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Friction in Cold Ice within Outer Solar System Satellites with Reference to Thermal Weakening at High Sliding Velocities

Norman H. Sleep

Accepted 2019, SCEC Contribution #9344

The icy shells of Enceladus and Europa consist from top down of cold (~100 K) ice at low (<0.1 MPa) pressure; cold ice at high pressure up to ~10 MPa; and warm ice near 273 K the base. The pressure ~10 MPa and temperature near 273 K of basal ice within Enceladas and Europa are similar to that within terrestrial glaciers that are known to have seismicity (icequakes). Warm ice easily melts during sliding so its icequakes are qualitatively explained and expected on these satellites if the macroscopic strain rates are comparable to those within terrestrial glaciers subjected to oceanic tides. However, cold ice at high pressures does not readily macroscopically melt during sliding. A dynamic weakening mechanism for crustal faults in rock may be applicable to Enceladus and Europa. Micron-scale real contacts support ~0.4 GPa shear tractions and normal tractions on rapidly sliding ice faults. At sliding velocities above ~0.1 m s 1, the asperity tips of the contacts become hot and weak in ice. The macroscopic friction depends on the average strength of the asperity tips during the lifetimes of contact. The strength of the asperity tips self-organizes so that frictional heating balances the heat lost from the asperity tip by conduction. The macroscopic coefficient of friction at co-seismic sliding velocities decreases to a modest fraction of the low-velocity coefficient of friction, but does not approach zero. This velocity-weakening mechanism likely allows major icequakes within the cold interiors of Europa and Enceladus.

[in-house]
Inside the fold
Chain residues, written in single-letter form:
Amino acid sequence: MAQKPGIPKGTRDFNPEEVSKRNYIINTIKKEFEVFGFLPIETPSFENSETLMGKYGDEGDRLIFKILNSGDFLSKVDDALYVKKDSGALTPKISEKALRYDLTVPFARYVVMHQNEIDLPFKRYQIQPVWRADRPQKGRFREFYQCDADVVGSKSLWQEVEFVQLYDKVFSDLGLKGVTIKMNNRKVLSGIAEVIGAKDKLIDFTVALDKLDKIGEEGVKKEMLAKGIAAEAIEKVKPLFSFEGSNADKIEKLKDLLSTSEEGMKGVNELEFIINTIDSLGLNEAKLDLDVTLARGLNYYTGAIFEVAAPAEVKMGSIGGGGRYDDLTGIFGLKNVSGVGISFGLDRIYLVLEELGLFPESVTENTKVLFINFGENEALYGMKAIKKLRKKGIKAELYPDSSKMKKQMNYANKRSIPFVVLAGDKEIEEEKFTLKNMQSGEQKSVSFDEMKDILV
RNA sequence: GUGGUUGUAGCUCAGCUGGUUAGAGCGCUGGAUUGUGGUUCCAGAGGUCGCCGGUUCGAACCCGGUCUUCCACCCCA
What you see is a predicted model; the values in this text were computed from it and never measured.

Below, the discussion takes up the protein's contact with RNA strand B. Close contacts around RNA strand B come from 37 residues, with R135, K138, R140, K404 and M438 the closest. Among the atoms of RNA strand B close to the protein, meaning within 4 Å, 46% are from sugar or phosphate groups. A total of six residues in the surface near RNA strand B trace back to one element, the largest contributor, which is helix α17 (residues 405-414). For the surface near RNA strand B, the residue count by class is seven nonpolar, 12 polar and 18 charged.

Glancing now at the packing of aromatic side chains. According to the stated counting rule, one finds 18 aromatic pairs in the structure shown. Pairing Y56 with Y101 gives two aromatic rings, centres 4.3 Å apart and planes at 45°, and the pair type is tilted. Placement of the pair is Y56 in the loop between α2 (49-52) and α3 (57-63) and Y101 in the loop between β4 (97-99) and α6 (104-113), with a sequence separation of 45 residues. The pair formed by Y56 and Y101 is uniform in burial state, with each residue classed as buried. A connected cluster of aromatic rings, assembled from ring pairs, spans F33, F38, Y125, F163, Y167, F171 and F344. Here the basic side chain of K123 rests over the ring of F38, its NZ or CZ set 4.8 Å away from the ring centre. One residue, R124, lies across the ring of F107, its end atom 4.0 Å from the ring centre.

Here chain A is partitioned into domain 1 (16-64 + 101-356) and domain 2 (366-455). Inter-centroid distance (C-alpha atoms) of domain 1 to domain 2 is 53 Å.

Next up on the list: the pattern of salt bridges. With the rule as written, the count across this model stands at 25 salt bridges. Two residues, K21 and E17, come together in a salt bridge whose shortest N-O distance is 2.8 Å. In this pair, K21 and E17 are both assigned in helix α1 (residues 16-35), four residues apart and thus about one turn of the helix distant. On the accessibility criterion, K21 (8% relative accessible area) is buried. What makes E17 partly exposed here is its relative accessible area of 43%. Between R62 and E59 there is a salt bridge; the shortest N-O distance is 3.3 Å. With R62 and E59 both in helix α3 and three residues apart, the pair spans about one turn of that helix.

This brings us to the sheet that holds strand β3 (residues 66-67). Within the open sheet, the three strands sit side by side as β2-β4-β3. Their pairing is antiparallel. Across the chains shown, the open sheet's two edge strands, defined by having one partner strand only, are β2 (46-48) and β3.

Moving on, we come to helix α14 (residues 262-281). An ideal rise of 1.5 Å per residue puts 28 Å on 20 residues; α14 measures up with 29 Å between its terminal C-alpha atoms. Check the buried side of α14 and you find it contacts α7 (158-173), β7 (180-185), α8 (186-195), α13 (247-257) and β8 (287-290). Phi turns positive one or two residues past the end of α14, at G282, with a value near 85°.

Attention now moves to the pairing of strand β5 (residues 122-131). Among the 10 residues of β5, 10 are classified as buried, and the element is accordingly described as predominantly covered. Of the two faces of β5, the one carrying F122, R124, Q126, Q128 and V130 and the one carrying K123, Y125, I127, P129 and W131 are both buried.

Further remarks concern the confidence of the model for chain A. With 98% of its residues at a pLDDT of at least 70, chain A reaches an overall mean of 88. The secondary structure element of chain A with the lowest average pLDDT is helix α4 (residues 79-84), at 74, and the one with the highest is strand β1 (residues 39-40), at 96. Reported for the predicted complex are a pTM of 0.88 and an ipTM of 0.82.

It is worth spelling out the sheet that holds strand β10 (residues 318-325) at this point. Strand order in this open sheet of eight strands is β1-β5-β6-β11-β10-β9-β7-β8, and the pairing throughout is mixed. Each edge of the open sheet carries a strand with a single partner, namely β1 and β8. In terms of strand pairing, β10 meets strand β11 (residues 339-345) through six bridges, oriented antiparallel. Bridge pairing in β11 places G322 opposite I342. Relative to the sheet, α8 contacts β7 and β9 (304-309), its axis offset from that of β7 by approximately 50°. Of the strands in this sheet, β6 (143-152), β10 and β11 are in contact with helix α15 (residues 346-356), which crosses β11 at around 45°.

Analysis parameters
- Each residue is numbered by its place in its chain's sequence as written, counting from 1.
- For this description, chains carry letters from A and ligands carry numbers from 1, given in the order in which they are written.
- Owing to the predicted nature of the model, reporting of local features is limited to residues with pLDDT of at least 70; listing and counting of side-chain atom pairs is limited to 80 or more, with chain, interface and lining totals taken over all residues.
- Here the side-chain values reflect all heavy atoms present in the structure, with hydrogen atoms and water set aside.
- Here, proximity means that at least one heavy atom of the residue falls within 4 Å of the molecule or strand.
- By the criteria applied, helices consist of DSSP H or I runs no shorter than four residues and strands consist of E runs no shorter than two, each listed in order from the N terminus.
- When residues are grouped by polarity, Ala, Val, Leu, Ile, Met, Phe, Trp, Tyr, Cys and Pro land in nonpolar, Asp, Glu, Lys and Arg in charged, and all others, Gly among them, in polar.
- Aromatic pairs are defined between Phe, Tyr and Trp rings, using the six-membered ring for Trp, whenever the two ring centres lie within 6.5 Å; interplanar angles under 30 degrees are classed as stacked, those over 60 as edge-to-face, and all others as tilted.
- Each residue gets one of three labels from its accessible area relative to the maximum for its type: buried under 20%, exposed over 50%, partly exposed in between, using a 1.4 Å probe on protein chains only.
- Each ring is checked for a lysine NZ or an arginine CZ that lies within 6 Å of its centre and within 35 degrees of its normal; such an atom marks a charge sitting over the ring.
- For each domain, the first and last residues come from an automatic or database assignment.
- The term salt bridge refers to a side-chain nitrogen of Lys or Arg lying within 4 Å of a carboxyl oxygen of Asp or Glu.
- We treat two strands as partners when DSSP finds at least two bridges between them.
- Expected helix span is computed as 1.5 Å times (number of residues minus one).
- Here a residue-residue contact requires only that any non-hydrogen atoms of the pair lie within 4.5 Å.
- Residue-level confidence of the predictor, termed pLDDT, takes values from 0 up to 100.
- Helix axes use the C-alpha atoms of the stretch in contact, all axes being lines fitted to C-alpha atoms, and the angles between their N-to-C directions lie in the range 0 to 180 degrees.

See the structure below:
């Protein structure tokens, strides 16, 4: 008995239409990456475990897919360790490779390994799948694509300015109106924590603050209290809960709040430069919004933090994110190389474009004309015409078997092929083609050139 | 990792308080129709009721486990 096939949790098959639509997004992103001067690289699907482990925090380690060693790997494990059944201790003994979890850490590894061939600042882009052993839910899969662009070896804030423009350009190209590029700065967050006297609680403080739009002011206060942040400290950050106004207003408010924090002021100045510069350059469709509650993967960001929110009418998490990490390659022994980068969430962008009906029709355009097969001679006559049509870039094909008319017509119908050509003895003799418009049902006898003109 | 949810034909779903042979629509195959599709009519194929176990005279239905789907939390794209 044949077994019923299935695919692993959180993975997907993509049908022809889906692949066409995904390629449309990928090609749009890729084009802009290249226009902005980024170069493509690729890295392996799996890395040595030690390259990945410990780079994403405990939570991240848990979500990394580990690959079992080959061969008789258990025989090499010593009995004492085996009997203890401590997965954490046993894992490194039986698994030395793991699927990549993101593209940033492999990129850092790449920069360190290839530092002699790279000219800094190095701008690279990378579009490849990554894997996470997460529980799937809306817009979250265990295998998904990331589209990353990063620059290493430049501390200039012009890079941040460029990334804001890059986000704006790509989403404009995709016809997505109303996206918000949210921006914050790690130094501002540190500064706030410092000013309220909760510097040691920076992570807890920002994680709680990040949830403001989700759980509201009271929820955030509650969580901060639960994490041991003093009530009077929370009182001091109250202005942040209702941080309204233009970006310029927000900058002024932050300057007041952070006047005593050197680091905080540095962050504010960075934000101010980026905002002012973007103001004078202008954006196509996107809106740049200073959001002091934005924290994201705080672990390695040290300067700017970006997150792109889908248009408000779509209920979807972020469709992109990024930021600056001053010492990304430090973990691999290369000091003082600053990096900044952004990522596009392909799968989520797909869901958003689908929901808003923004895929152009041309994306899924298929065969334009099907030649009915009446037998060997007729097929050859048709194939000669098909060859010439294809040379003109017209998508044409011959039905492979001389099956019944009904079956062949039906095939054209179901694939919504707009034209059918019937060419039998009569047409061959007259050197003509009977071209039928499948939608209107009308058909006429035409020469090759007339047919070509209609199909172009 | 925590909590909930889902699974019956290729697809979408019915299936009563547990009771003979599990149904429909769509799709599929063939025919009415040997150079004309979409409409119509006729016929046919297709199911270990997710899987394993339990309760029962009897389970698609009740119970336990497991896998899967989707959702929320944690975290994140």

Key Words
Enceladus; Europa; Icy moons; fault physics; dynamic weakening

Sleep, N. H. (2019). Friction in Cold Ice within Outer Solar System Satellites with Reference to Thermal Weakening at High Sliding Velocities. Journal of Geophysical Research - Planets, (accepted). doi: 10.1029/2019JE006030.

Related Projects & Working Groups
Outreach, Fault and Rupture Mechanics (FARM)